Workplace audiometry standards

For the non-specialist, audiometric testing can seem like a confusing minefield of nonsense. This is a simple breakdown, covering what is the mandatory minimum, and what extras we include as standard in our on-site hearing testing.

When we say an audiometry test is ‘compliant’, what do we mean?

This means that the hearing test has to meet the requirements of two standards:

  • BS EN ISO 8253-1:2010 - British Standard for Pure Tone Audiometry

  • The standards set out by the HSE in L108 - Controlling Noise at Work

The British Standard (or BSA standard) sets out how hearing tests must be done, while the HSE’s standard in L108 then says how the results must be analysed. The HSE’s standards are about what we do with the data from the results, while the British Standard says how we get those results.

There is also a third standard, the British Society of Audiology Surveillance Audiometry 2017 standard, but this is based on the British Standard and pulls together the parts which specifically apply to audiometric testing done for health screening. Meeting the British Standard therefore means this one is also met.

Which standard must be complied with for audiometric testing at work?

Both the British Standard (and therefore the BSA standard too) and the HSE’s interpretation rules.

If testing does not meet both of these then problems are likely to arise in the future, both from an enforcement stance but also from an insurance perspective if trying to defend a claim.

It is important that any audiometric testing at work meets at least all the mandatory elements as a minimum. Skipping one, e.g. no otoscopic examination or no on-site daily verification test of the equipment means all test results are immediately suspect and likely to be dismissed in things like defending an insurance claim, or even proving to enforcement authorities that the hearing testing was valid.

A quick summary of the key elements

Ask any provider these questions:

  1. Do you test the accuracy of the equipment on-site and in-situ every day, by physically listening to it?

  2. Do you do an otoscopic examination of the ear - the visual examination part?

  3. Do you insist the technician puts the headphones on the attendee?

  4. Do you change the testing method for people with specific hearing issues?

If the answer is ‘no’ to any of these then the audiometric testing service is not compliant and should not be used.


The compliant-audiometry checklist

If you are booking any form of workplace audiometry from any provider, ensure they are meeting all the elements marked mandatory as a minimum.

Component of screening audiometry Mandatory for compliant testing Included in our testing
Provide schedule of appointments for the hearing testing ✔︎
Person administering the tests must have undergone some relevant training and be qualified ✔︎ ✔︎
Audiometer and headset must be within annual calibration ✔︎ ✔︎
Measure the noise levels in the testing area (booth) to prove it was suitable - for a visiting service, this means measure and record it for every job. ✔︎ ✔︎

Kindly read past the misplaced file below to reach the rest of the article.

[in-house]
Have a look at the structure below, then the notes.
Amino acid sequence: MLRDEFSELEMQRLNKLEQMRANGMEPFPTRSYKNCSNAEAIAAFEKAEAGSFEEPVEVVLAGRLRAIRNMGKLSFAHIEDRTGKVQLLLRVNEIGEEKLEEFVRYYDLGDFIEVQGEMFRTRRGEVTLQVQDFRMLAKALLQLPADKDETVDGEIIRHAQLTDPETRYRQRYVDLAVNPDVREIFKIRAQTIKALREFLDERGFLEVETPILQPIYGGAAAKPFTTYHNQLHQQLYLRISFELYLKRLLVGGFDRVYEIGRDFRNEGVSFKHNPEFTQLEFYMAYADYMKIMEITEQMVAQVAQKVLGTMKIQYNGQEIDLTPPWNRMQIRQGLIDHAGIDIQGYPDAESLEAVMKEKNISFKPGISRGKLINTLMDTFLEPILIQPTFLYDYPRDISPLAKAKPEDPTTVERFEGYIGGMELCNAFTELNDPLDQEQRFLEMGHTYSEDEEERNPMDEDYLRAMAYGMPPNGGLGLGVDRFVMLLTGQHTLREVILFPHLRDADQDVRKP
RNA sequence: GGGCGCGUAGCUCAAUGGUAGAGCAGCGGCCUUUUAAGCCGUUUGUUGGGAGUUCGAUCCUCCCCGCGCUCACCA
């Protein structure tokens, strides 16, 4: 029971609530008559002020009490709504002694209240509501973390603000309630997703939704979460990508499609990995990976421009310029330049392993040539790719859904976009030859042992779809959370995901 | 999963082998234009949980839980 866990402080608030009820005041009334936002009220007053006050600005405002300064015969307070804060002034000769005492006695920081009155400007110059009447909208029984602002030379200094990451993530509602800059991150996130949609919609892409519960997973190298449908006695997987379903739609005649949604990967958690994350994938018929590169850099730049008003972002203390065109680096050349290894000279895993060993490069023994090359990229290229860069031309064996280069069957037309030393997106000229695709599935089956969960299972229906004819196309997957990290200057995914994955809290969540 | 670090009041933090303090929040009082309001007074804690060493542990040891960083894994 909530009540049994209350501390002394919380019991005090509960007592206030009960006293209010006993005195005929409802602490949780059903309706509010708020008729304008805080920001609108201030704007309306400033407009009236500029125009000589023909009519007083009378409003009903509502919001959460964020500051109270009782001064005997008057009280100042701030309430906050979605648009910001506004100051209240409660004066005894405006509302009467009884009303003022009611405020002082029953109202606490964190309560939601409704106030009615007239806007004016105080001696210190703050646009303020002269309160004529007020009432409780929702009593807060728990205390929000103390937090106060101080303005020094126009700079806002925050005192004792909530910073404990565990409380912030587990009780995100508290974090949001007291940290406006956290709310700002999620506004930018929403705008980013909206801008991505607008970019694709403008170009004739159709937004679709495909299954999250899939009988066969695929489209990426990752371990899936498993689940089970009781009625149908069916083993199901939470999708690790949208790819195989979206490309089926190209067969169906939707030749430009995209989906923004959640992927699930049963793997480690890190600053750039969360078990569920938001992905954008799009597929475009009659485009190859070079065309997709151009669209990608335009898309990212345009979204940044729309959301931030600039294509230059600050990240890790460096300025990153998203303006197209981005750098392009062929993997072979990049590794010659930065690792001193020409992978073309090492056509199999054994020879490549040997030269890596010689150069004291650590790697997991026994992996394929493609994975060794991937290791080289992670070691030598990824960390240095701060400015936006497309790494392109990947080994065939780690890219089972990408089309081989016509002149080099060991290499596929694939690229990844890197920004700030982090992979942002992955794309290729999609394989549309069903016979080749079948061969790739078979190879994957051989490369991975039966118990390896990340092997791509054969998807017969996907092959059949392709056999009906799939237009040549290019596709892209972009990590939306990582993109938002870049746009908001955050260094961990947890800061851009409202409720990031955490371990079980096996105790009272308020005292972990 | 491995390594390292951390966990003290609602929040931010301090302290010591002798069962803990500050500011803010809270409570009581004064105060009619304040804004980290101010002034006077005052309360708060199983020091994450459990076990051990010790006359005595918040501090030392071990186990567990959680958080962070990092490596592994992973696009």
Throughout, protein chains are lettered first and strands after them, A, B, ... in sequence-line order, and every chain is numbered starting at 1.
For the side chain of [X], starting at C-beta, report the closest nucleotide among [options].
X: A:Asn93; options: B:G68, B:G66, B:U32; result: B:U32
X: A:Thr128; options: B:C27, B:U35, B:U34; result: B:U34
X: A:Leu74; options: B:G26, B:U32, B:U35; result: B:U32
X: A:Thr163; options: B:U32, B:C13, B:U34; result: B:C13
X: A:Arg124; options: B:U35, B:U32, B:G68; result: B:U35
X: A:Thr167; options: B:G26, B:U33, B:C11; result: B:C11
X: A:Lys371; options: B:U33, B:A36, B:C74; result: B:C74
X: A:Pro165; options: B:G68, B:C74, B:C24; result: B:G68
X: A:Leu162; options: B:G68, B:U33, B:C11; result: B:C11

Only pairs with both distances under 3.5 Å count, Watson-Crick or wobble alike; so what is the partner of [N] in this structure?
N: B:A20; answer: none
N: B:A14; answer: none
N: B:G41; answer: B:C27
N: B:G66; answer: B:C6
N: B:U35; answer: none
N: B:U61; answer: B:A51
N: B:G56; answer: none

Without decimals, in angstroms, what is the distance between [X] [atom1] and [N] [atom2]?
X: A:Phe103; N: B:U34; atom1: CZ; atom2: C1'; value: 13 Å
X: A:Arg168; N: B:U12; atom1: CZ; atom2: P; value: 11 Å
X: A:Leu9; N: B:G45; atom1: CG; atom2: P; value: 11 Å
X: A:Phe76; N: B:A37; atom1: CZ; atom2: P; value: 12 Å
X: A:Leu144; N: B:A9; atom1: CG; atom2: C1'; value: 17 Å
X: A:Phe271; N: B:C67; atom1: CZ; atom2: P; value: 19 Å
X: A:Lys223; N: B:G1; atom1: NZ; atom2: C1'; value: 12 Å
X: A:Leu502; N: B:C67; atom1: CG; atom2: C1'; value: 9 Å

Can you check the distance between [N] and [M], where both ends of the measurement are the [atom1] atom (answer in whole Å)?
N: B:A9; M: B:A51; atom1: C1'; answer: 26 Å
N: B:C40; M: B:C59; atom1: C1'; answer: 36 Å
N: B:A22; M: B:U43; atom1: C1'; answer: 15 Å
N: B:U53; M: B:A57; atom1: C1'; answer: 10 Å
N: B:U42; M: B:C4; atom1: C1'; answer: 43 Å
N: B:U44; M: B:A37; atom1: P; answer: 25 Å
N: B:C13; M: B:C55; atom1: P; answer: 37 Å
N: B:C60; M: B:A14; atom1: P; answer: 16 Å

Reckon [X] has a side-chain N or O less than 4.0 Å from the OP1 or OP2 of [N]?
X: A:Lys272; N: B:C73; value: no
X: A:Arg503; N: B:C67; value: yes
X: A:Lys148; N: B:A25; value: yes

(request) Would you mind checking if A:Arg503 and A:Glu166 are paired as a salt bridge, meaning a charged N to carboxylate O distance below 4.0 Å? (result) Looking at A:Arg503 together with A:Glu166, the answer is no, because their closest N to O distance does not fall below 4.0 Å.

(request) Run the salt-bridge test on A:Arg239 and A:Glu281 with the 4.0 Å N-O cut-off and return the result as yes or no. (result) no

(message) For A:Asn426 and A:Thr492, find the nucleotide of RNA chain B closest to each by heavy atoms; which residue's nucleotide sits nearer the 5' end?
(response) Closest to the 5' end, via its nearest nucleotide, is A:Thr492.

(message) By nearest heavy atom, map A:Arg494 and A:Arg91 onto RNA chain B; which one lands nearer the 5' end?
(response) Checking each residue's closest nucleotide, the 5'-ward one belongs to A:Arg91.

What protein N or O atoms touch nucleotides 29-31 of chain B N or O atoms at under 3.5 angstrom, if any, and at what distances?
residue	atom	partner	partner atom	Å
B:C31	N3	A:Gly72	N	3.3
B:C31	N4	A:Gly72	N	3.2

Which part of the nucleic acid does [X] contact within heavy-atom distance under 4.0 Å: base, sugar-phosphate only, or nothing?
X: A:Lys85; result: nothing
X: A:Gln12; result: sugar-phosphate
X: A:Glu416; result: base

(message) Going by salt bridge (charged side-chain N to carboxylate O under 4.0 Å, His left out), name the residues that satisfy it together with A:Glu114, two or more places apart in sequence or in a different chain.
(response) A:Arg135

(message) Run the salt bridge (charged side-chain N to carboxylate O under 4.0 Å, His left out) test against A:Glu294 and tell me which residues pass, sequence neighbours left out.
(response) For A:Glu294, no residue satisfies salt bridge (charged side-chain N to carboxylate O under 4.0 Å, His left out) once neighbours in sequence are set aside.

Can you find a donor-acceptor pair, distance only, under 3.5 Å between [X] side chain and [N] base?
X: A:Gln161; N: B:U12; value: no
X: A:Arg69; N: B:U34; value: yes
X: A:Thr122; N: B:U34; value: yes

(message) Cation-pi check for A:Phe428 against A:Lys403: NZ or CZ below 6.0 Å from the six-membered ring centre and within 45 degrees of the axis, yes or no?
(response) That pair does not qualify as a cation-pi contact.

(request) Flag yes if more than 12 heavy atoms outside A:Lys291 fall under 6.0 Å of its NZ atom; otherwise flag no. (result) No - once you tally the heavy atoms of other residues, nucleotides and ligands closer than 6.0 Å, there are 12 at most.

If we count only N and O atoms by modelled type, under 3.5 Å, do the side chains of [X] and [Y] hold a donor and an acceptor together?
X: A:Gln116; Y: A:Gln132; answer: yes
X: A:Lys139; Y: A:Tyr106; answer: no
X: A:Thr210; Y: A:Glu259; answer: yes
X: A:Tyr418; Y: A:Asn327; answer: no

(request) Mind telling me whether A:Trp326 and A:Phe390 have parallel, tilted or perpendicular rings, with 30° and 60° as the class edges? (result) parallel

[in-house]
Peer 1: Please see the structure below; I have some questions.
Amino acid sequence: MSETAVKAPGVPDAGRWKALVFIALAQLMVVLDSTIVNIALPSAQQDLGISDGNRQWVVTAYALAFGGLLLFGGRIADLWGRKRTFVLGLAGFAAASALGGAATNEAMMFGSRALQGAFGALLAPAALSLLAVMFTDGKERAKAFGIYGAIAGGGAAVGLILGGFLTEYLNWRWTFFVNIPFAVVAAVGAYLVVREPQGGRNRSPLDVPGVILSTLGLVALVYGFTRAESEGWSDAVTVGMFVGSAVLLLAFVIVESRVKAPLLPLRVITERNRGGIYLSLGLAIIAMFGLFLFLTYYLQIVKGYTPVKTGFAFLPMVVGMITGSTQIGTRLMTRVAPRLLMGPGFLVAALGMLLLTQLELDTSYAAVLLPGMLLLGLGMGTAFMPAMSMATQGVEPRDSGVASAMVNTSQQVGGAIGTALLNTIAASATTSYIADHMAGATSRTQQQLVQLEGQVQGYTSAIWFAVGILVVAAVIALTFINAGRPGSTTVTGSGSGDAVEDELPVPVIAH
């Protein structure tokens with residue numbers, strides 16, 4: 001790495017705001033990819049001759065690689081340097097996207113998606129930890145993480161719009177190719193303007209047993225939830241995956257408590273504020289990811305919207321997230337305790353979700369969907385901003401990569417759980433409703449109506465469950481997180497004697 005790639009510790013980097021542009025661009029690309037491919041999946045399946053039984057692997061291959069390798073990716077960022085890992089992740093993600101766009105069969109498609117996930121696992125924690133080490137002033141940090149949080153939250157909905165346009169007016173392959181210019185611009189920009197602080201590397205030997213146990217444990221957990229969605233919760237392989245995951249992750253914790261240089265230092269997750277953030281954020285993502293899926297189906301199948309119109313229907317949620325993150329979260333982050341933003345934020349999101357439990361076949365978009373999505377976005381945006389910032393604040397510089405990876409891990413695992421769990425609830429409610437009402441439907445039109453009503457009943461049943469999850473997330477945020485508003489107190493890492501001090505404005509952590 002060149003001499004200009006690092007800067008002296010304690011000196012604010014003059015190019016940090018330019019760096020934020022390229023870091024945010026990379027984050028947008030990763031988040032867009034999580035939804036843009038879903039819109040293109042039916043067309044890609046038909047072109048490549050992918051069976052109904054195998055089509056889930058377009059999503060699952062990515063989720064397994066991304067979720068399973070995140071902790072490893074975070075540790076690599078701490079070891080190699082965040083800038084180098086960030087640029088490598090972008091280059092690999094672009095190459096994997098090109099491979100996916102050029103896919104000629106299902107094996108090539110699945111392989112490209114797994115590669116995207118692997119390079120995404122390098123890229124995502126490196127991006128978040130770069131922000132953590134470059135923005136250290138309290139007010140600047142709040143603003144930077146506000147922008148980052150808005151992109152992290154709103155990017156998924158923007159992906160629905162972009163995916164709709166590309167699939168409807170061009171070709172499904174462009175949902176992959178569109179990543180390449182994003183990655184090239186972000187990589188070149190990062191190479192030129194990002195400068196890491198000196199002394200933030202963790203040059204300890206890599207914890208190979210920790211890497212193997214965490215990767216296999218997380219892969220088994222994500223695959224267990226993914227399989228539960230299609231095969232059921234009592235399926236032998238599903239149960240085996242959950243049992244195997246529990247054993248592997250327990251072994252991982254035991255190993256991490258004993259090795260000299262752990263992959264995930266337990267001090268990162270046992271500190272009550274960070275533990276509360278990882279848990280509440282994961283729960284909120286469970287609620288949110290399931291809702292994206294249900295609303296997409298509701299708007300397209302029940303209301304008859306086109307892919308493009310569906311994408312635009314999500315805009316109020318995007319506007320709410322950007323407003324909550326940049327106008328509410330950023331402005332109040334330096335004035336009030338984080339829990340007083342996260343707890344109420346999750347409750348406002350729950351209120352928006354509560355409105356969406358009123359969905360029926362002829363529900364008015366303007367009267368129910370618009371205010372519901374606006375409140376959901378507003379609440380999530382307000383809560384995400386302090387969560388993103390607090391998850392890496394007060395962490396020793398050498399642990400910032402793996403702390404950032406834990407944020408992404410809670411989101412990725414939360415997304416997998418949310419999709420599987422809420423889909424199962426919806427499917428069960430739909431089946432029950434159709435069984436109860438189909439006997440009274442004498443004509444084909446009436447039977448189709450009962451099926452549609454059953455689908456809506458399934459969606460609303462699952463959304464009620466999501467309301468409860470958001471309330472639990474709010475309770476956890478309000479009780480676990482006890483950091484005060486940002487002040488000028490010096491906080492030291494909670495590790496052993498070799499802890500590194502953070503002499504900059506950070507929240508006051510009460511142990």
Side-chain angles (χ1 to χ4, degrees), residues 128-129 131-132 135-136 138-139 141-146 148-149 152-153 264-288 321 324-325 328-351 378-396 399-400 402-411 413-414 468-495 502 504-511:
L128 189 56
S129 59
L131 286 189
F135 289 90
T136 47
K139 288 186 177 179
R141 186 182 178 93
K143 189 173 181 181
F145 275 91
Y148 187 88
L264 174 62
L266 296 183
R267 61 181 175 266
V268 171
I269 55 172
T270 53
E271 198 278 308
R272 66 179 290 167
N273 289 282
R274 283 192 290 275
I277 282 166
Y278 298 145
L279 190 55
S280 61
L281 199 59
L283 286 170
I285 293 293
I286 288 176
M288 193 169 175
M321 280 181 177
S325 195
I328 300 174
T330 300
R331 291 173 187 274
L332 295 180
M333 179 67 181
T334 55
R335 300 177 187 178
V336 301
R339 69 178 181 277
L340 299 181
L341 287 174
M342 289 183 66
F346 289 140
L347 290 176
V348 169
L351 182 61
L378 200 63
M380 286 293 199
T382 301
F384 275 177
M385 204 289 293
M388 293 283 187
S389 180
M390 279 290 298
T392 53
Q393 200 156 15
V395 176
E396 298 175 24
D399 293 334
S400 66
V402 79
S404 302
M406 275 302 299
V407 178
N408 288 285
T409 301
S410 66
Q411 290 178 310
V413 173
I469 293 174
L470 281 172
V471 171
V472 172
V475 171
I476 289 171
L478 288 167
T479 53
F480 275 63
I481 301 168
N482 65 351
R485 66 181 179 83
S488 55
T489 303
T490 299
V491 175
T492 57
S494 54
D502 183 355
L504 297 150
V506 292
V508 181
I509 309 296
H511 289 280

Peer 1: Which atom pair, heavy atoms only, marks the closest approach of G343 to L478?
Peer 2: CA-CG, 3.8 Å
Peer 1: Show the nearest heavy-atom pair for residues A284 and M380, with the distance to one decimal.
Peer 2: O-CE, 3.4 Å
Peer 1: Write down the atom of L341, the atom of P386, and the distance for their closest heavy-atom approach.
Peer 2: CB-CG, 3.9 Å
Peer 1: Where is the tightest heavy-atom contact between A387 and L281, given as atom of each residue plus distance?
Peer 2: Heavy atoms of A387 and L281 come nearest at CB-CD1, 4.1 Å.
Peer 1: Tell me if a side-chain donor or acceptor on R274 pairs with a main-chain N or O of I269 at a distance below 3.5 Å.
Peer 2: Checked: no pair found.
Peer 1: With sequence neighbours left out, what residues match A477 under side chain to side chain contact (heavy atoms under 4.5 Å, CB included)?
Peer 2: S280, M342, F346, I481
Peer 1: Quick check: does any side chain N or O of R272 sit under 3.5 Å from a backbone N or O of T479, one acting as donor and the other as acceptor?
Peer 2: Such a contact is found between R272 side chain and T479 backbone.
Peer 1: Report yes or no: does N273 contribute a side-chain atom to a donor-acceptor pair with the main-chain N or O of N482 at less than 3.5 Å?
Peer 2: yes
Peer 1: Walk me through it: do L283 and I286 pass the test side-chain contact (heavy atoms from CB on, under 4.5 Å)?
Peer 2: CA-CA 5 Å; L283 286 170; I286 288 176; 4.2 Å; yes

Verification check of audiometer to identify faults or interference - by a technician who knows what to listen for and who can identify faults, must be done in-situ before testing ✔︎ ✔︎
Health history reviewed by trained technician ✔︎ ✔︎
Otoscopic visual examination of ears to check their physical health and suitability for testing ✔︎ ✔︎
Attendees remove hats, glasses, hearing aids, etc. ✔︎ ✔︎
Technician puts headphones on (attendees must not put the headphones on themselves - the testing standards are very specific on this) ✔︎ ✔︎
Trial at 1kHz to confirm the attendee understands the instructions and responds properly ✔︎ ✔︎
Test the 1, 2, 3, 4 and 6 kHz frequencies ✔︎ ✔︎
Test the 500hz and 8kHz bracketing frequencies for superior data and diagnosis ✔︎
Technician monitors external noise and will pause, stop or restart the audiometric test as needed. ✔︎ ✔︎
Technician will not just accept the computer's result but will retest frequencies which look out of place or which are inconsistent ✔︎
Technician looks at how they achieved the result (were they sure or hesitant, etc) as well as the result itself when considering the outcome ✔︎
Test includes comparison to older results to check for unusual rates of deterioration. ✔︎ ✔︎
Technician liaises with client to keep them up to date on no-shows, etc as the session goes on - makes sure the client doesn't only discover no-shows until it is too late ✔︎
Results must include age and gender of attendees ✔︎ ✔︎
Results categorised in accordance with HSE's specification in L108 ✔︎ ✔︎
Referrals made as needed to attendee's GP / specialist ✔︎ ✔︎
Full report provided to the client including ALL results ✔︎
Technician recommends which results employer should monitor as a potential work impact and which can be left to the attendee as the referral is primarily for their own health ✔︎
Notify client when future audiometric tests are coming due to minimise the ongoing management ✔︎

Testing with an on-site technician remains the only way standards-compliant audiometric testing can be completed at work.

The British Standard for audiometric testing - any testing bought in must comply with this

The British Standard for audiometric testing - any testing bought in must comply with this